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[79] of Virginia. The Attorney-General, Mr. Evarts, was not present, it being stated that ‘official duties rendered it impossible for him to be present.’

A demand was made for a written specification of the point upon which the motion to quash was made. This was soon written out by Mr. O'Conor, and the argument was opened by Mr. Ould in a speech of great clearness and logic.

At the close of Mr. Ould's speech, the Chief Justice said that he was not surprised, as intimated by Mr. Dana, at the ground taken by the defendant. The course of the argument, he said, was anticipated, as the point urged was the common principle of constructive repeal.

Mr. Beach then opened for the government, and Mr. Wells and Mr. Dana followed on the same side. Mr. O'Conor closed for the defense.

On the close of Mr. Wells' speech, the court adjourned until the next day, which was occupied by Mr. Dana and Mr. O'Conor.

The arguments are set out very fully and carefully in General Johnson's report of the case, and were each revised by the speaker. The report was not published until eight years after the trial, but infinite pains were taken to secure absolute accuracy. Each gentleman, both of bench and bar, had the opportunity to revise what was reported as being said by him. Mr. O'Conor took especial pains with the report of his speech, and regarded it one of the foundation stones upon which his fame as a lawyer would rest. So anxious was he that it should present his views accurately, that he wrote to General Johnson, when he sent the revised report back to him, begging that if the report had gone to press, it should be destroyed and reprinted and re-stereotyped with his revision, and at his cost.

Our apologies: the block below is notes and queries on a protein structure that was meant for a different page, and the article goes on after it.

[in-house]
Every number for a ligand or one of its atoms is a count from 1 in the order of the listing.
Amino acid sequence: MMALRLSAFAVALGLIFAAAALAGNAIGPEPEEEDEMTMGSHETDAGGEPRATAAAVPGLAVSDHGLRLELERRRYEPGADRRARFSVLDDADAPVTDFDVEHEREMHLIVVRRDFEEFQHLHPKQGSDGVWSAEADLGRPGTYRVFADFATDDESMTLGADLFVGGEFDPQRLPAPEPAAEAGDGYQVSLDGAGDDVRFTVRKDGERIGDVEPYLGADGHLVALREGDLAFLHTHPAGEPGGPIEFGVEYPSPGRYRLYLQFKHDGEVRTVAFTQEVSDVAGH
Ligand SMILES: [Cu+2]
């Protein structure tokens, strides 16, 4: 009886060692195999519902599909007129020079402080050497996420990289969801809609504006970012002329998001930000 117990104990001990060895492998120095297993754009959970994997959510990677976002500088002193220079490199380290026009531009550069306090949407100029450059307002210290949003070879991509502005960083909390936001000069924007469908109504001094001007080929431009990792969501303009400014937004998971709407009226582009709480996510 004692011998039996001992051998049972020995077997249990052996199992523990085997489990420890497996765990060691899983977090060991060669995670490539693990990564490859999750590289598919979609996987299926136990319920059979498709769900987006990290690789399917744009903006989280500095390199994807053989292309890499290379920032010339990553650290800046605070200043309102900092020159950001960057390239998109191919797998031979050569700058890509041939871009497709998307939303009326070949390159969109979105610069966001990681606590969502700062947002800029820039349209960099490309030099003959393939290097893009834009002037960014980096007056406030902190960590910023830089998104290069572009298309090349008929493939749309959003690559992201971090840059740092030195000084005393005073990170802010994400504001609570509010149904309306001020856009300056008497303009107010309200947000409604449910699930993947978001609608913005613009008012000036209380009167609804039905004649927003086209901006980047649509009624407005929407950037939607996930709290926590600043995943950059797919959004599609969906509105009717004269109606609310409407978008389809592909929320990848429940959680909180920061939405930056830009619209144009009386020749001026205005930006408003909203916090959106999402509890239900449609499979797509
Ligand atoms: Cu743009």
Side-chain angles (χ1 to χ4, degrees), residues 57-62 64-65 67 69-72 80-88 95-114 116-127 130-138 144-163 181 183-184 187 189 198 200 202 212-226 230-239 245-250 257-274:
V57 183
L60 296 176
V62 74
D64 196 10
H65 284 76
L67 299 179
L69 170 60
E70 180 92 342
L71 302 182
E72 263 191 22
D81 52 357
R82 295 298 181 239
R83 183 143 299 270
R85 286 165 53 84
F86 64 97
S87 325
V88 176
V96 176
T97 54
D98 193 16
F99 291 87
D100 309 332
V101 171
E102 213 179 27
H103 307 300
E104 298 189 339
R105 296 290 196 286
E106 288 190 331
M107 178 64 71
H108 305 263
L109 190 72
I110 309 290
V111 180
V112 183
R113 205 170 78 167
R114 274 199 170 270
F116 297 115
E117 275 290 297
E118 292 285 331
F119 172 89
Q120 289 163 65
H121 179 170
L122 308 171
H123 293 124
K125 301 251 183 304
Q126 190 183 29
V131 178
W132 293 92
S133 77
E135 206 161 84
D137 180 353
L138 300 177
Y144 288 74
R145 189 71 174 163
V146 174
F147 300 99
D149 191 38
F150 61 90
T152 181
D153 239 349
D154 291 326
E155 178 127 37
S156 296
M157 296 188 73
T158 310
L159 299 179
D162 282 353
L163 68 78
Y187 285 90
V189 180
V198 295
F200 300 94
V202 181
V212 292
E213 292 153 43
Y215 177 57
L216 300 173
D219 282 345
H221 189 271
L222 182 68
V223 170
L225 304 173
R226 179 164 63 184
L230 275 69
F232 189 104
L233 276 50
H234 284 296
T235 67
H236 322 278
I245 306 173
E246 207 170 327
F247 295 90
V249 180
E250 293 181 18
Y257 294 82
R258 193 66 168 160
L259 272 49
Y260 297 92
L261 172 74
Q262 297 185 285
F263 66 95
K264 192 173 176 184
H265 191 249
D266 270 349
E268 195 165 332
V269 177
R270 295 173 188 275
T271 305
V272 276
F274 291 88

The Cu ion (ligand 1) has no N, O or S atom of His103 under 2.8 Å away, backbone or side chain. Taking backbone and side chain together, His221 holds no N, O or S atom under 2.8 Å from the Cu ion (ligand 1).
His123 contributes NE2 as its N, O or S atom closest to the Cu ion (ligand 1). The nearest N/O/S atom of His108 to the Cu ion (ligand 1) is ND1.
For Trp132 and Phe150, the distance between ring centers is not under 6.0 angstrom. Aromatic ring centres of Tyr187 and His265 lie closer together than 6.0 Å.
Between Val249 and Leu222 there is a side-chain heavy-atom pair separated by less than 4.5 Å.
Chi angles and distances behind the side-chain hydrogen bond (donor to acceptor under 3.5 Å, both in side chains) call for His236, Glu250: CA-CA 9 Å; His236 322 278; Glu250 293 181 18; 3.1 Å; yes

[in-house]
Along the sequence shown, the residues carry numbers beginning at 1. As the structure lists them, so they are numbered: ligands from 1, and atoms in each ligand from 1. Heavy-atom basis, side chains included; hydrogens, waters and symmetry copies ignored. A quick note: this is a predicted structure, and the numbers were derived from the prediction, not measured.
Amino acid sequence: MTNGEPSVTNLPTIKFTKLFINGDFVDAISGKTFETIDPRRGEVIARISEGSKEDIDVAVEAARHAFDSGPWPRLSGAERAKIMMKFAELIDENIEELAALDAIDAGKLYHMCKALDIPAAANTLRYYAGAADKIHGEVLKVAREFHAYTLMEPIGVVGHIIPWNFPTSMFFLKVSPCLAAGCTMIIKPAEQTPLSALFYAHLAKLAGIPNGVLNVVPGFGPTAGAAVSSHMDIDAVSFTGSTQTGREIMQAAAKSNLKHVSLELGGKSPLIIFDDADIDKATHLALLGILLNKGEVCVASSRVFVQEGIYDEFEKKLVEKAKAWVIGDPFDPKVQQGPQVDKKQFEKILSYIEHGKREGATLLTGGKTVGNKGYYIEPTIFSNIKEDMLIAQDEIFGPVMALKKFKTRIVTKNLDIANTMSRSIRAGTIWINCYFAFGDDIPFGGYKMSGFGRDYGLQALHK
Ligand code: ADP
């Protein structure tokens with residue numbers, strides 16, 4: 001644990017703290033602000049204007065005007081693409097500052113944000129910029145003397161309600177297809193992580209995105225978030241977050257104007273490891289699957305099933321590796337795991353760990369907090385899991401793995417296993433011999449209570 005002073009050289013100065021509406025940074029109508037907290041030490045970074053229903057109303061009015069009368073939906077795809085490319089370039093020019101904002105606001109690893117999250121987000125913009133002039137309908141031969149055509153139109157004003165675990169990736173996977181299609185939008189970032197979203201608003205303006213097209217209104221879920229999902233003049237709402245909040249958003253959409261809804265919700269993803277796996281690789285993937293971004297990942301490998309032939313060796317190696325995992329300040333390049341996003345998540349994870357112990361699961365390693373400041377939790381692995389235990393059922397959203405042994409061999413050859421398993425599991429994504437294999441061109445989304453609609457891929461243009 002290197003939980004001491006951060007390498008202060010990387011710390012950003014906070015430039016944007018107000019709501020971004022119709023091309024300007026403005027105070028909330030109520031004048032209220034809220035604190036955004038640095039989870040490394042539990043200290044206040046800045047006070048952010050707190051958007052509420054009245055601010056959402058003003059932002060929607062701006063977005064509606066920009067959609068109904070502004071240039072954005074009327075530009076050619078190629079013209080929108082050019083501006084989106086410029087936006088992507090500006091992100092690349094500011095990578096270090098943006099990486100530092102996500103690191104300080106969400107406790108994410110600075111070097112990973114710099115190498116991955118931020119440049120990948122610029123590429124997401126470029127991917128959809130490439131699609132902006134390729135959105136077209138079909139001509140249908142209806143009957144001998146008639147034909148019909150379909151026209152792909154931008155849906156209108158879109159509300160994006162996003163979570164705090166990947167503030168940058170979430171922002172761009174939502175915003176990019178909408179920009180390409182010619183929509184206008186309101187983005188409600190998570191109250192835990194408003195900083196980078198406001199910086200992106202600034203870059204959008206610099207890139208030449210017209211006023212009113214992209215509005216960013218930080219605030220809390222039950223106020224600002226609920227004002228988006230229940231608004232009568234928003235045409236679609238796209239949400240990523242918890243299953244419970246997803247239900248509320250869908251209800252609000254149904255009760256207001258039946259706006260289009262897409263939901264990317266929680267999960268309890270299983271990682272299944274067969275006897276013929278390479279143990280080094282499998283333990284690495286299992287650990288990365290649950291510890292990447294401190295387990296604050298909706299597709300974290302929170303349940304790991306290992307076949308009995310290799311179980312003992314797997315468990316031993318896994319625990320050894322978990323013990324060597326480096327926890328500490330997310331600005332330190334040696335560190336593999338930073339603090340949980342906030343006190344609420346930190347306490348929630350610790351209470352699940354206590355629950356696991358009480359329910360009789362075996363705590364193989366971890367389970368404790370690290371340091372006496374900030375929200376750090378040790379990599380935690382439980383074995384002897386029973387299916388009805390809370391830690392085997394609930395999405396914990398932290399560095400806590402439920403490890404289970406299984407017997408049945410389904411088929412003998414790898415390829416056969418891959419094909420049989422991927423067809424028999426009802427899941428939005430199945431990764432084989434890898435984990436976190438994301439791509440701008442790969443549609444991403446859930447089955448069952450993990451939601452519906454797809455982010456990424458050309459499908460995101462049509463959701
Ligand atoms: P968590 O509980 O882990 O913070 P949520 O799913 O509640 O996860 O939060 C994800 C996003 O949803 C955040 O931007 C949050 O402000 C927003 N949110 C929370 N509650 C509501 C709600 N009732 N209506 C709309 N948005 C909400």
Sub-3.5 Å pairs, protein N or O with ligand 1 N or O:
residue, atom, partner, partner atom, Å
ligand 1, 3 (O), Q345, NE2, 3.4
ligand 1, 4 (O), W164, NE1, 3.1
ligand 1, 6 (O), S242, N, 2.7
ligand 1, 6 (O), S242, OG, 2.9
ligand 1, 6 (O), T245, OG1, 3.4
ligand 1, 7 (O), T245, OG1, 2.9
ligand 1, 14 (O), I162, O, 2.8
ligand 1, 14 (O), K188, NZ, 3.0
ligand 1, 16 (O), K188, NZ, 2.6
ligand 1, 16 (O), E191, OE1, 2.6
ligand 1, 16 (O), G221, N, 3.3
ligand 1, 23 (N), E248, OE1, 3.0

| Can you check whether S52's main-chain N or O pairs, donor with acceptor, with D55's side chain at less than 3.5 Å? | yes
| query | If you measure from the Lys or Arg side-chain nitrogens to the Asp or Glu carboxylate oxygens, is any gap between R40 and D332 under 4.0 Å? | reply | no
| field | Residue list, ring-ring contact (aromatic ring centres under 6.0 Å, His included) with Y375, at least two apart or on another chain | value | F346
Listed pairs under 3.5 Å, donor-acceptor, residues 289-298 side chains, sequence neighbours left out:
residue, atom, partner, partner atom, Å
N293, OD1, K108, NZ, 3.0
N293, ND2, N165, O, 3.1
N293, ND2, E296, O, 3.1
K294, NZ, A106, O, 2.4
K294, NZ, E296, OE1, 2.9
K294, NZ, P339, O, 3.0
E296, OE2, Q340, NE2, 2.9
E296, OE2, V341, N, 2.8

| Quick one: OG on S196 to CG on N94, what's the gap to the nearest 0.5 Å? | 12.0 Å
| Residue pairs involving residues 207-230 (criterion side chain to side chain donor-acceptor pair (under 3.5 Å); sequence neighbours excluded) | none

It would be an agreeable task to analyze these arguments, but this paper is already too long. Interesting and instructive as they are, we must forego the pleasure. The close of the trial was neither as dramatic nor as exciting as the episode at the time bail was allowed and Mr. Davis released from the grasp of the military. There had come over the public mind of both sections a belief that Mr. Davis would never be convicted, indeed, would never be tried, and hence there was none of that intense strain which had theretofore been felt.

The argument having closed on the 4th of December, the court adjourned until next day, when it announced what was well understood


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